FREE Delivery in the UK.
Only 1 left in stock.
Dispatched from and sold by Amazon.
Gift-wrap available.
Bloody Saturday in the So... has been added to your Basket
+ £2.80 UK delivery
Used: Good | Details
Condition: Used: Good
Comment: Former Library book. Shows some signs of wear, and may have some markings on the inside. 100% Money Back Guarantee. Shipped to over one million happy customers. Your purchase benefits world literacy!
Have one to sell?
Flip to back Flip to front
Listen Playing... Paused   You're listening to a sample of the Audible audio edition.
Learn more
See this image

Bloody Saturday in the Soviet Union: Novocherkassk, 1962 Hardcover – 30 Sep 2001

1 customer review

See all 2 formats and editions Hide other formats and editions
Amazon Price New from Used from
"Please retry"
£29.75 £2.09
£40.00 FREE Delivery in the UK. Only 1 left in stock. Dispatched from and sold by Amazon. Gift-wrap available.

Product details

  • Hardcover: 264 pages
  • Publisher: Stanford University Press (30 Sept. 2001)
  • Language: English
  • ISBN-10: 0804740933
  • ISBN-13: 978-0804740937
  • Product Dimensions: 15.2 x 2.5 x 22.9 cm
  • Average Customer Review: 5.0 out of 5 stars  See all reviews (1 customer review)
  • Amazon Bestsellers Rank: 3,399,206 in Books (See Top 100 in Books)
  • See Complete Table of Contents

More About the Author

Discover books, learn about writers, and more.

Product Description


"Exciting to read, this excellent book reconstructs a little-known yet very important and dramatic incident in the Soviet Union during the Khruschev era. There is simply no other work like it, not even in Russian. It is a major contribution to the emergin historiography of the period." - Ronald Grigor Suny, University of Chicago "Baron's book provides substantial new insights into events that were shrouded in secrecy until the final days of the Soviet Union... It is the first in-depth, English-language analysis of the events of 'Bloody Saturday.' ... Baron's contributions to understanding the flaws of the Soviet system of government are both novel and significant. Bloody Saturday in the Soviet Union is accessible for college level readers and would be valuable to those interested in empirical history and an understanding of the basis of Soviet labor policy in the post-Stalin era." - History "Baron's analysis of what happened in Novocherkassk and why is extensive, subtle, and penetrating. The book is more than a mere history of the strike and massacre. It also examines the history of the cover-up and the process of the rehabilitation of the event and the victims in the late 1980s and early 1990s. Until more documents are available, this book is likely to remain the most definitive account of the incident and its history." - The Russian Review "Drawing on a wealth of materials and containing numerous period photographs, Bloody Saturday is a classic of recent history. Upper-division undergraduates and above." - Choice "There are books that are labors of love. [This volume] is a labor of conscience... The author carefully and convincingly traces both the political and economic ramifications of the event and their ultimate contributions to the weakening of the Soviet Union. Baron's volume is a valuable case study of Society methods of handling crises and making decisions." - Slavic Review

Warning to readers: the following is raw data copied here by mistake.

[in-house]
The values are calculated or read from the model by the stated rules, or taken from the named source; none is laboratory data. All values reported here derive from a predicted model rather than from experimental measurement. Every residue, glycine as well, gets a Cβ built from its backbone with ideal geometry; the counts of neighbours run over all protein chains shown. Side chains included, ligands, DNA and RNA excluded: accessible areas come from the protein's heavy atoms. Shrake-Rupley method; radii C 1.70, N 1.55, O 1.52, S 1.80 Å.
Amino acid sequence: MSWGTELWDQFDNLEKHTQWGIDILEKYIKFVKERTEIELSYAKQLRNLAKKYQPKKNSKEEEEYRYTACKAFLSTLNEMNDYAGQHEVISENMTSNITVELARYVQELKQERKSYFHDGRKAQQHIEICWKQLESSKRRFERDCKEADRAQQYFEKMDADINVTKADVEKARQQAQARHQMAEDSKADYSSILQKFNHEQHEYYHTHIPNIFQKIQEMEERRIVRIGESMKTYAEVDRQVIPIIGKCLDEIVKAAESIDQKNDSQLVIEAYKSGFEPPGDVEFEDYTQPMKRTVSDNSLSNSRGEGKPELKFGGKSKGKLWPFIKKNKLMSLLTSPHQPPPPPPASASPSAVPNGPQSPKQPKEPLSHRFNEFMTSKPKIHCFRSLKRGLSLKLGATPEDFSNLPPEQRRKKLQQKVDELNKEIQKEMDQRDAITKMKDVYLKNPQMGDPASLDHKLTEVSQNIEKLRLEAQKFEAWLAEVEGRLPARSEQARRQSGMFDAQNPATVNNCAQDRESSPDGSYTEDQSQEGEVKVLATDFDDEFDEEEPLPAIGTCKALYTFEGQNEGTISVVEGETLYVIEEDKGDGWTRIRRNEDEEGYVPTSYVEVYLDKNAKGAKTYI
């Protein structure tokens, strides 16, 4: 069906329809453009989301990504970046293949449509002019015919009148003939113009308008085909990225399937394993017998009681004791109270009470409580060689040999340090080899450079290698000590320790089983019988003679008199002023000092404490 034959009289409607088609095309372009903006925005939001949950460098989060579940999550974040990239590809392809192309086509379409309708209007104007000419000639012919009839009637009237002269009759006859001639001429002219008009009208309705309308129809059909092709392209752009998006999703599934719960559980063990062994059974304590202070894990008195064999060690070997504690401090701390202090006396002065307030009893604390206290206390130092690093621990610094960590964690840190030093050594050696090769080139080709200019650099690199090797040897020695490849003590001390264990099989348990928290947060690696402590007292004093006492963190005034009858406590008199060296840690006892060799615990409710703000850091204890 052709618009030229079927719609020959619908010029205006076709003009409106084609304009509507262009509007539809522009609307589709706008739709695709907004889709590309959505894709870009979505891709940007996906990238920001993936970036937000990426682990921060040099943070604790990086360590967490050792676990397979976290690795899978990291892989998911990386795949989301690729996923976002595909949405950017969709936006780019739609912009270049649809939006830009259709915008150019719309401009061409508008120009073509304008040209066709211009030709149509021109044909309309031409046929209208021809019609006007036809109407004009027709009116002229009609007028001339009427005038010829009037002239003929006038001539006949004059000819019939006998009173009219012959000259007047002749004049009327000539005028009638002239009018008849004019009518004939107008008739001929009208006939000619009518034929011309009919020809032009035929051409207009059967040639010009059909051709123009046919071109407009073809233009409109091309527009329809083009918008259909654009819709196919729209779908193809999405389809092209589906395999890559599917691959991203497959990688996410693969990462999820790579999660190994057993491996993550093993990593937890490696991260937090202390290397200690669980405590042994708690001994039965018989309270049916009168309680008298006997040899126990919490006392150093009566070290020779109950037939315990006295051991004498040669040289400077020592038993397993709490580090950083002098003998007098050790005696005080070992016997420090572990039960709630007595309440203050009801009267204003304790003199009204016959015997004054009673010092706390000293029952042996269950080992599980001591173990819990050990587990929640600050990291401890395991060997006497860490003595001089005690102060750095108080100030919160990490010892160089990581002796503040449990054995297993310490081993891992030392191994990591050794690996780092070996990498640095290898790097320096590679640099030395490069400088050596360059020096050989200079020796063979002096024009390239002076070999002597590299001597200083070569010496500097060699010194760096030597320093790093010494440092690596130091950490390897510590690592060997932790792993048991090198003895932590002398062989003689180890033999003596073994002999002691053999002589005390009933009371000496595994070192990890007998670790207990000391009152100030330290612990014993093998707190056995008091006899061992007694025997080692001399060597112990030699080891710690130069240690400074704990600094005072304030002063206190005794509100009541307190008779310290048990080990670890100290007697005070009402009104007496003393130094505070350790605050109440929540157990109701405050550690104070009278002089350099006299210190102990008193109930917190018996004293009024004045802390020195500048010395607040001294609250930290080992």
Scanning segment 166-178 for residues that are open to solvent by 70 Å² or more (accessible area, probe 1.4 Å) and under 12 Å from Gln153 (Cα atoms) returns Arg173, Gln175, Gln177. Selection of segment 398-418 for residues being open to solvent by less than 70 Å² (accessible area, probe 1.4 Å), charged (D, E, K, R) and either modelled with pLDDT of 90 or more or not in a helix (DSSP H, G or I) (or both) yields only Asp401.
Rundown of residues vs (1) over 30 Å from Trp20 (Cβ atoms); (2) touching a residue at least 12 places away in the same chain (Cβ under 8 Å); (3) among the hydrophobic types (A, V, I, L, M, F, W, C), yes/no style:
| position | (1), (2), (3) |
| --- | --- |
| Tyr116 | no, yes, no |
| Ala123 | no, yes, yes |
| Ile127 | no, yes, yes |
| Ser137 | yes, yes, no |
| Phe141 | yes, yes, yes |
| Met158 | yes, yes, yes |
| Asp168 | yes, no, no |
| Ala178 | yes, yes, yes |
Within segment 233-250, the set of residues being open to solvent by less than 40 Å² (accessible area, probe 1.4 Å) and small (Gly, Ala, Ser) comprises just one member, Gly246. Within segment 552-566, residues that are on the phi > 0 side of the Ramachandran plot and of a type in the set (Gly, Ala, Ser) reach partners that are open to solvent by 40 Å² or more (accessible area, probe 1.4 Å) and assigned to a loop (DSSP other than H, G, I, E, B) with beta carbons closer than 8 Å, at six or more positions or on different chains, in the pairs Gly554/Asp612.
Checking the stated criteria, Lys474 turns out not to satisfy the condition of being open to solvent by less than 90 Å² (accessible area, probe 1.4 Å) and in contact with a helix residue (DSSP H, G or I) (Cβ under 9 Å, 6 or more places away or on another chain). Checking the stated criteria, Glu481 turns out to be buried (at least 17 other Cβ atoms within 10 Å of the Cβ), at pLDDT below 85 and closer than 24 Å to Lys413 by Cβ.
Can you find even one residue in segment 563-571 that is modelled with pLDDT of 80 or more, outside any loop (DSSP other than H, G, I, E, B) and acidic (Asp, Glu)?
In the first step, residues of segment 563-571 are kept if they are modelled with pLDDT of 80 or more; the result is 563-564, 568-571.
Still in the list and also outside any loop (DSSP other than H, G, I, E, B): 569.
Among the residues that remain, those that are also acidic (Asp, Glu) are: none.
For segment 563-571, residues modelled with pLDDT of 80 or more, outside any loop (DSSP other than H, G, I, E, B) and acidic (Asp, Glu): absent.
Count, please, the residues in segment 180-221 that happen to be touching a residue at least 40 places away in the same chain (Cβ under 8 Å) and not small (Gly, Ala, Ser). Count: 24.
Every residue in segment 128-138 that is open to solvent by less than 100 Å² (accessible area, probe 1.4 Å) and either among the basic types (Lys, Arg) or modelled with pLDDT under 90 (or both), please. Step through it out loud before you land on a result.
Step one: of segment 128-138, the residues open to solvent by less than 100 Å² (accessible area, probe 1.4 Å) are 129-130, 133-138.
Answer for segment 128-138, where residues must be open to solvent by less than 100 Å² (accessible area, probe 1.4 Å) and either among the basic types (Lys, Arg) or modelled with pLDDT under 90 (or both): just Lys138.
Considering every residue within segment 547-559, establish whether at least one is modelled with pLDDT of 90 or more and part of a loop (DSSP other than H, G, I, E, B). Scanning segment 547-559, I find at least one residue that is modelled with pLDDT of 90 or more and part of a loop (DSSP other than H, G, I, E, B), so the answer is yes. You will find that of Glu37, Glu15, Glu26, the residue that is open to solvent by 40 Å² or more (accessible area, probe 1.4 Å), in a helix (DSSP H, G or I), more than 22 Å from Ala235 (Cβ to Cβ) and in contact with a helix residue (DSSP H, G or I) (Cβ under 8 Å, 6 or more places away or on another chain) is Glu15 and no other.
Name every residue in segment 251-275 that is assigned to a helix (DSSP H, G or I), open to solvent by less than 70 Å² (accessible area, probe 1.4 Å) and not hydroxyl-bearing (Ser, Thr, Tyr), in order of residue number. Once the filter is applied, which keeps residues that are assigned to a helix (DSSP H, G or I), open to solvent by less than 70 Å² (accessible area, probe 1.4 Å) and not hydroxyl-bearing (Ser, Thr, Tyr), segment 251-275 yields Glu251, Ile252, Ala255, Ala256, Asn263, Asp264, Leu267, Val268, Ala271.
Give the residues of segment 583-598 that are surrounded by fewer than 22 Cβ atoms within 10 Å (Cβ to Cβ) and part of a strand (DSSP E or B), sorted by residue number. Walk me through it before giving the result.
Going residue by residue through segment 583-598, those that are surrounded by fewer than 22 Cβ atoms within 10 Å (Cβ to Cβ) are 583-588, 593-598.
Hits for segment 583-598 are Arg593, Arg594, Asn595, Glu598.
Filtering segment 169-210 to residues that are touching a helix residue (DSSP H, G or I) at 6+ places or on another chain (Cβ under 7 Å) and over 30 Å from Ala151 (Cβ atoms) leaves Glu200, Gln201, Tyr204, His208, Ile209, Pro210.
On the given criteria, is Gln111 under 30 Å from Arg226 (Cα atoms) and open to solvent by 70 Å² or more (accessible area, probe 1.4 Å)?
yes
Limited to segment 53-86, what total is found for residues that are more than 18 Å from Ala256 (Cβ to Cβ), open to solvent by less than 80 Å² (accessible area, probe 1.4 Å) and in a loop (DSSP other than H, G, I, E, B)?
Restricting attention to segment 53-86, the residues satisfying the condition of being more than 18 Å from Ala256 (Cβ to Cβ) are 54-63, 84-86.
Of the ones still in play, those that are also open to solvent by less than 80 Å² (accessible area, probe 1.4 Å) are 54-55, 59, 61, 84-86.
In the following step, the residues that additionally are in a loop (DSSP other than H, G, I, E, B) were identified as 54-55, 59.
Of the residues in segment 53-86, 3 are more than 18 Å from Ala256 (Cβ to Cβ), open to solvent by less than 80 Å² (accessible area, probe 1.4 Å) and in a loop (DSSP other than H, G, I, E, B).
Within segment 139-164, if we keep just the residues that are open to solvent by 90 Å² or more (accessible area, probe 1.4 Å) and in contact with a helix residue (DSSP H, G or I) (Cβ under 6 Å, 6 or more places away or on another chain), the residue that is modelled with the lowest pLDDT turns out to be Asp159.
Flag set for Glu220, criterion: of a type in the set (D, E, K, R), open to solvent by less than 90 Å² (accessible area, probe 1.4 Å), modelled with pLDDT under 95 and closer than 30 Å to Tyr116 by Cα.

About the Author

Samuel H. Baron is Distinguished Professor Emeritus of History at the University of North Carolina.

Customer Reviews

5.0 out of 5 stars
5 star
4 star
3 star
2 star
1 star
See the customer review
Share your thoughts with other customers

Most Helpful Customer Reviews

Format: Paperback
Sam Baron doesn't put a foot wrong as he takes us through the little-known story of how Soviet forces crushed an unprecedented workers' strike in southern Russia in the Khrushchev era. Apart from giving a blow-by-blow account of the episode, Baron provides an invaluable service in explaining how, even during and after the age of "glasnost'", the KGB was doing its best to distort and conceal what happened in 1962. The Novocherkassk events were not a mortal wound to the Soviet Union, as Solzhenitsyn once though they might have been, but they were a landmark nonetheless. It's interesting also to read that US diplomats in Moscow found out fairly quickly in 1962 that something had happened - but apparently through a well-connected Western correspondent in the Soviet capital. Excellent book at a good price.
Comment Was this review helpful to you? Yes No Sending feedback...
Thank you for your feedback. If this review is inappropriate, please let us know.
Sorry, we failed to record your vote. Please try again